Hepatitis B Contacts
What is hepatitis B?
Hepatitis B is a serious disease of the liver caused by a virus. Hepatitis B can lead to severe illness, liver damage, and sometimes death.
How is it spread?
You get hepatitis B by direct contact with blood or certain body fluids, such as semen and vaginal secretions, of a person who has it. For example, you can get it by having sex or sharing needles with a person who has it. It may also be spread within households if razors, toothbrushes or other items are shared. A baby can get it from its mother during birth. Approximately 25 percent of all persons with hepatitis B have no idea how they got it.
Who is at risk for hepatitis B?
One out of every 20 people will get hepatitis B some time in their lives. Your risk is higher if you:
- are born to a mother who has the hepatitis B;
- have a job that exposes you to blood;
- live in the same house with someone who has lifelong hepatitis infection;
- have sex with a person who has hepatitis B
- have sex with more than one person in a 6 month period;
- are a man and have sex with a man;
- shoot drugs;
- are a patient or work in a home for the developmentally disabled;
- were born or have parents who were born in Southeast Asia, Africa, the Amazon Basin in South America, the Pacific Islands, Eastern Europe, or the Middle East;
- are a patient on hemodialysis; or
- have hemophilia.
What symptoms should I watch for?
Half of all adults do not have any symptoms. It takes between six weeks and six months to get sick after you contract the virus. If you have symptoms, they might be:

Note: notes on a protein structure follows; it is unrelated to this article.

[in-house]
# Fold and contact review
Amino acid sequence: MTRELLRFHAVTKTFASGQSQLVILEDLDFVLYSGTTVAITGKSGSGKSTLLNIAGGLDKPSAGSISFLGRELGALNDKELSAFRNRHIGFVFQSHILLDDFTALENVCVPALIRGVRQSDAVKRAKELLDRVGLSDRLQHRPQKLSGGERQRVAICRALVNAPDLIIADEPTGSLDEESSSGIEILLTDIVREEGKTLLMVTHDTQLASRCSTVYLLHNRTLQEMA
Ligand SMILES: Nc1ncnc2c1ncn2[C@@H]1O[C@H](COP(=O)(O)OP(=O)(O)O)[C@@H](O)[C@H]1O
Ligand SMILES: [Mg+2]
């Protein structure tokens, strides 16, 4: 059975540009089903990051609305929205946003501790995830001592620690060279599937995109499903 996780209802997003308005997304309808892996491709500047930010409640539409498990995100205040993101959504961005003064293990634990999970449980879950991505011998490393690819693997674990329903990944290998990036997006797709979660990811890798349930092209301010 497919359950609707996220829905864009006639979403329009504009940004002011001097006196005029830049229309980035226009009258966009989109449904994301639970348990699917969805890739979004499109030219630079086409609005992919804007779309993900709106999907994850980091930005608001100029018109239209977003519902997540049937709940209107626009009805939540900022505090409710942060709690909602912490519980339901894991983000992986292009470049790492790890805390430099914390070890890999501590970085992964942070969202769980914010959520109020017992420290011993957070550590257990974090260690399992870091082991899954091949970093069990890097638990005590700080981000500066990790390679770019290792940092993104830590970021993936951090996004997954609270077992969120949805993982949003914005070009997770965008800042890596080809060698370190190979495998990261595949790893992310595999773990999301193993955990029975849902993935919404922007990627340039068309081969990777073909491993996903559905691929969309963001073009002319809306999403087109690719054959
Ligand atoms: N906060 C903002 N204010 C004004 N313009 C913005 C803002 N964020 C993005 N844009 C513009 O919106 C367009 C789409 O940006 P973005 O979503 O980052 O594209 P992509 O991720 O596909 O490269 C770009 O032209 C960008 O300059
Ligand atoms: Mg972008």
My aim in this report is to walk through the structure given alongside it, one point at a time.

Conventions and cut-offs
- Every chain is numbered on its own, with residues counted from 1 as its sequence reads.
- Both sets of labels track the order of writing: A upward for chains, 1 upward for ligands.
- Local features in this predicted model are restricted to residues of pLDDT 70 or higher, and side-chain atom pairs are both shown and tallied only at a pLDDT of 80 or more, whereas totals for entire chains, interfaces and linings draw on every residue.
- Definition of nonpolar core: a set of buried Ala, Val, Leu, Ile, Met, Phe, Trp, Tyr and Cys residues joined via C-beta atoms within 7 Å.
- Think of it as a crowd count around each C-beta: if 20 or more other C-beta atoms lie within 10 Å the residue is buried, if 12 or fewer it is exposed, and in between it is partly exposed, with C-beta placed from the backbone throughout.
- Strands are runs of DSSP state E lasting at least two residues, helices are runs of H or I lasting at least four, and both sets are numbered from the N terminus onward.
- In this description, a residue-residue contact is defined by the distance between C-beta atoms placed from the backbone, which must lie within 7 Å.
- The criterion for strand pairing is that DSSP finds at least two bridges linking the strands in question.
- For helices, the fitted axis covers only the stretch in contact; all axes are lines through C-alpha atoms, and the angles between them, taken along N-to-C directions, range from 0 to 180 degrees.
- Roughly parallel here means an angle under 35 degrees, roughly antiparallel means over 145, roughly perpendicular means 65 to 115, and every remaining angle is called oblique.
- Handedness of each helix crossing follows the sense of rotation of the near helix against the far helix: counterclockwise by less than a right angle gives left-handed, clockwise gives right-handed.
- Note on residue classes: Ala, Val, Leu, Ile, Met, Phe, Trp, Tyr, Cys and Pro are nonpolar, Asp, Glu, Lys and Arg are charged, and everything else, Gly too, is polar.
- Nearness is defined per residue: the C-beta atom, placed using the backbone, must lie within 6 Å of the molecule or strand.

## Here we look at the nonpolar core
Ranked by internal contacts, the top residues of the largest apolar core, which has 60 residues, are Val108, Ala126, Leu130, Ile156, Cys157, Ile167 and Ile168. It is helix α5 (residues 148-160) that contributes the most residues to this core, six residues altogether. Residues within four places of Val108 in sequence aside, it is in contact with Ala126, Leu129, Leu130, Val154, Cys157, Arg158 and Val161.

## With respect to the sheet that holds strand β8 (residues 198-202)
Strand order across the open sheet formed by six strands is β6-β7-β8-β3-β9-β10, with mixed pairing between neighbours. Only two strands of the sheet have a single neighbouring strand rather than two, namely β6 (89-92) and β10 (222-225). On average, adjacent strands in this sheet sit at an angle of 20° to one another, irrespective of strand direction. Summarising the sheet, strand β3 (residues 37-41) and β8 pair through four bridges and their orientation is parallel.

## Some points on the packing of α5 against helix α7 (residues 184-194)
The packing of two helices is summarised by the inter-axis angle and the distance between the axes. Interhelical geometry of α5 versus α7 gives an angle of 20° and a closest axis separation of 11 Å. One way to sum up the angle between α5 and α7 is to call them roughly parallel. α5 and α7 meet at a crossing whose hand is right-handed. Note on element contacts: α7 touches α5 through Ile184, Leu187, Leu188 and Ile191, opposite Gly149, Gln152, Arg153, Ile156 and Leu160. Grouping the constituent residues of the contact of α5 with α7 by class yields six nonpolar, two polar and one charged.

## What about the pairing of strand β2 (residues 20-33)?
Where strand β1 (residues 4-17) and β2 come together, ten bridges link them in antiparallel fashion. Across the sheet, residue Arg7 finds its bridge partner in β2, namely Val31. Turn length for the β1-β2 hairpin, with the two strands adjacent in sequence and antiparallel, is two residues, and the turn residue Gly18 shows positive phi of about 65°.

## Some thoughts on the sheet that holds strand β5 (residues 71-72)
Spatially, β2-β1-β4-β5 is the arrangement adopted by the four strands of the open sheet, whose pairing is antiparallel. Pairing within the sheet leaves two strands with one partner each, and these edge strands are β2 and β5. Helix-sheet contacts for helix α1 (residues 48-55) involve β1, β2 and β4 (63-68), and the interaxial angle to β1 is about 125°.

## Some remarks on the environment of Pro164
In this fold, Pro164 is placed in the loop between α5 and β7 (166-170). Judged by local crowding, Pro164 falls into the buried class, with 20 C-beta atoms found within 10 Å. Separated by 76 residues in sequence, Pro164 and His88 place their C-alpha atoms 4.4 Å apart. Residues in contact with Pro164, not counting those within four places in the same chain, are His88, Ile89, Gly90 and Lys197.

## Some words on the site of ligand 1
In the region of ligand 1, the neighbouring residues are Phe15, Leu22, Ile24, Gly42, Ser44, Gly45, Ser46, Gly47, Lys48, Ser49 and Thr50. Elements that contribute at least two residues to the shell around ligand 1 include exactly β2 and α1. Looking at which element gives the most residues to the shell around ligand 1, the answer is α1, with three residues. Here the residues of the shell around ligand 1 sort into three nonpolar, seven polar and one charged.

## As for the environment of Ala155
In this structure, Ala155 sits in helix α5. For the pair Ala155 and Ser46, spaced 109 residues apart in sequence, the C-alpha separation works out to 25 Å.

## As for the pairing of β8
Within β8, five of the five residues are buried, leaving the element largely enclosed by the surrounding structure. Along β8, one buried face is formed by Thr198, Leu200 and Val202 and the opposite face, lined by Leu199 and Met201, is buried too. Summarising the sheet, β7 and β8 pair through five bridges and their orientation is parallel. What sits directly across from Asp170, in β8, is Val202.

- yellowing of the eyes or skin;
- lack of appetite;
- nausea, vomiting;
- stomach pain;
- pain in joints;
- extreme fatigue;
- dark urine
How can I protect myself?
- Talk to your health care provider or call your local health department for information about hepatitis B.
- Hepatitis B vaccine is recommended for people who have had contact with a person with hepatitis B (three doses give long-term protection). The vaccine is safe and effective.
- Your doctor may also recommend a shot of Hepatitis B Immune Globulin (gives fast protection, but doesn’t last long).
- See your doctor immediately if you become ill. The doctor will need to do blood tests and will advise you on how to protect yourself and your family.
Who is a carrier of hepatitis B?
Sometimes, people who have hepatitis B never recover fully and still carry the virus in their body. About 1.25 million people in the U.S. carry hepatitis B. They can infect others for the rest of their lives. Periodic follow up visits to the doctor are recommended, even if individuals no longer feel ill.